Rep. Peter DeFazio is out to Stop USDA’s Cruel Wolf and Coyote Poison Bombs for Good

(EnviroNews Oregon) — Washington D.C. — On March 30, 2017, Representative Peter DeFazio (D-OR) introduced the Chemical Poisons Reduction Act of 2017 (H.R. 1817), which seeks to ban the use of two deadly poisons, Compound 1080 and sodium cyanide, for predator control efforts throughout the United States. These two poisons are currently used by the U.S. Department of Agriculture’s (USDA) Wildlife Services (WS) predator killing program, which according to its own report, slew over 1.6 million native U.S. animals in 2016.

Sodium Cyanide is used in M-44 devices, also known as “cyanide bombs,” which are deadly spring-activated ground weapons placed to kill coyotes and other predators. Compound 1080 is used in “livestock protection collars,” which are placed around the necks of sheep and release lethal poison when the collar is punctured by predators or any sharp object. M-44s can spray cyanide up to 5 feet and the collars contain enough poison to kill six adult humans. These two poison-based weapons result in injury or painful death for whoever encounters them. They have often led to the mortality of domesticated animals and endangered species and have injured humans as well. Both of the toxins were banned under President Nixon in 1972 but reintroduced in the 80s.

“These are totally indiscriminate and unnecessary devices. They often hit non-target species or hit even potentially targeted species that are not responsible for livestock kills. There’s no earthly reason why this agency should be using these and they kill in a most inhumane manner. I think they are something that’s sort of a poster child for the excesses and the problems with this agency,” Rep. DeFazio explained to EnviroNews in a one-on-one exclusive the day before the bill was introduced.

He discussed the recent incident in Idaho in which a young boy was hospitalized and a family dog was killed when they discovered an M-44 within a quarter mile of their home. “It’s certainly not the first time that it’s happened with these [devices] and I’ve been saying for a long time, it’s only a matter of time until a child is killed. In this case, the wind just happened to be blowing the right way,” said DeFazio. This incident was also cited as a motivation for a March 28 petition from a coalition of 20 wildlife groups to WS, seeking an immediate ban of the cyanide bombs in Idaho.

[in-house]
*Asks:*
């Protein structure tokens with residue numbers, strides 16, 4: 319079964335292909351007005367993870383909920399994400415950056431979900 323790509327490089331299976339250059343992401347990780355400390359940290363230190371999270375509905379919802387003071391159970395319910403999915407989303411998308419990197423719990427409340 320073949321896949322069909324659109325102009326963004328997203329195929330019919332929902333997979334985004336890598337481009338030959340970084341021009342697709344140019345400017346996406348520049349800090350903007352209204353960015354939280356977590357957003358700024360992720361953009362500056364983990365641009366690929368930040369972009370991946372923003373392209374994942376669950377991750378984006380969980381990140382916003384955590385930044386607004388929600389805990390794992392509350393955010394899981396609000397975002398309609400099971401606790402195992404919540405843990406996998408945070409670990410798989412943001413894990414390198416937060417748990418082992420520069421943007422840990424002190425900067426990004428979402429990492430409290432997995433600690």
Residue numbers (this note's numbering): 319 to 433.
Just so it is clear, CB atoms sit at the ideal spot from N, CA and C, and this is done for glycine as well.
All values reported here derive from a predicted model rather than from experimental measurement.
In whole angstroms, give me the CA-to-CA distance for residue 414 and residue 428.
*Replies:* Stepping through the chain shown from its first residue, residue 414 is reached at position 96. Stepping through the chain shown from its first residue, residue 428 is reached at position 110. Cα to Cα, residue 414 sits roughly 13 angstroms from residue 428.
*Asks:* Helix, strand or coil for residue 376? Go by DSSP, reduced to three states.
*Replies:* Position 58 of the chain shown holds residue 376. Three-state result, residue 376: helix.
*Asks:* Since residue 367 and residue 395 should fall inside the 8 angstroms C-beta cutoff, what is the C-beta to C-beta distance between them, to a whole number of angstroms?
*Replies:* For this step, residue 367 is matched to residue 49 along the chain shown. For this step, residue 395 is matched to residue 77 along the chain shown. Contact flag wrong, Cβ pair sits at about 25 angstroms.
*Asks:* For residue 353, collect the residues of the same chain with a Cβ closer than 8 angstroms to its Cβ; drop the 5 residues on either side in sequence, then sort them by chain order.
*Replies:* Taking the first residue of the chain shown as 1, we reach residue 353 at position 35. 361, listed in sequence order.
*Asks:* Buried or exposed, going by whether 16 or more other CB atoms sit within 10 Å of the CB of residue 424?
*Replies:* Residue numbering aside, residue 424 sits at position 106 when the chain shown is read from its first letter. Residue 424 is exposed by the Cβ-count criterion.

“Those of us involved with this issue know these incidents are common-place and that countless more will never be known because of Wildlife Services’ repeated cover-ups. We applaud this legislation and thank Congressman DeFazio for his unfailing support on this issue.” said Brooks Fahy, Executive Director of Predator Defense, in a press release.

“I have been trying to ban the indiscriminate use of lethal devices and poisons like Compound 1080 and the chemicals used in M-44 devices for decades, even as a Lane County Commissioner,” DeFazio said in the release. “These extreme so-called ‘predator control’ methods have been proven no more effective than nonlethal methods — the only difference between the two is that the lethal methods supported by the ranching industry are subsidized by American tax dollars.” DeFazio told EnviroNews he thinks taxpayer dollars should “absolutely not” be funding WS’s predator killing endeavors.

He also commented on WS’s secrecy and lack of public transparency. “They are an obstinately opaque and insulated agency. It’s a very dispersed agency; basically the state agencies operate on their own…the whole process is very unaccountable to the national office,” although he’s not sure the national office cares to carry out much monitoring or control anyway. He recently applauded Oregon Governor Kate Brown’s recommended budget cuts to predator control programs at the Oregon Departments of Agriculture (ODA) and Fish and Wildlife (ODFW), which would reduce the money available to Oregon counties with WS contracts.

DeFazio told Harper’s Magazine in 2016, he tried to acquire “detailed numbers about finances and operations, [but] they won’t give us this information. I’ve served on the Homeland Security Committee, and Wildlife Services is more difficult to get information from than our intelligence agencies.” He told EnviroNews, “They’re very resistant and very much protected by the Department of Agriculture.”

He also pointed out WS never tries to “use nonlethal methods and what they end up doing is making the problem worse at public expense.” The above-mentioned petition explains non-selective killing methods like the poisons are often counter-productive; they result in unintended killings, disturb ecosystem balances, can lead to increased livestock loss and have not been proven economical. DeFazio mentioned the use of guard dogs and shepherds as examples of nonlethal solutions and numerous other nonlethal options exist, including flaggery (flagging) and solar-powered electric fencing.

“The federal government should not be using these extreme measures,” DeFazio concluded in the press release. “It’s time to stop subsidizing ranchers’ livestock protection efforts with taxpayer dollars and end the unchecked authority of Wildlife Services once and for all.”

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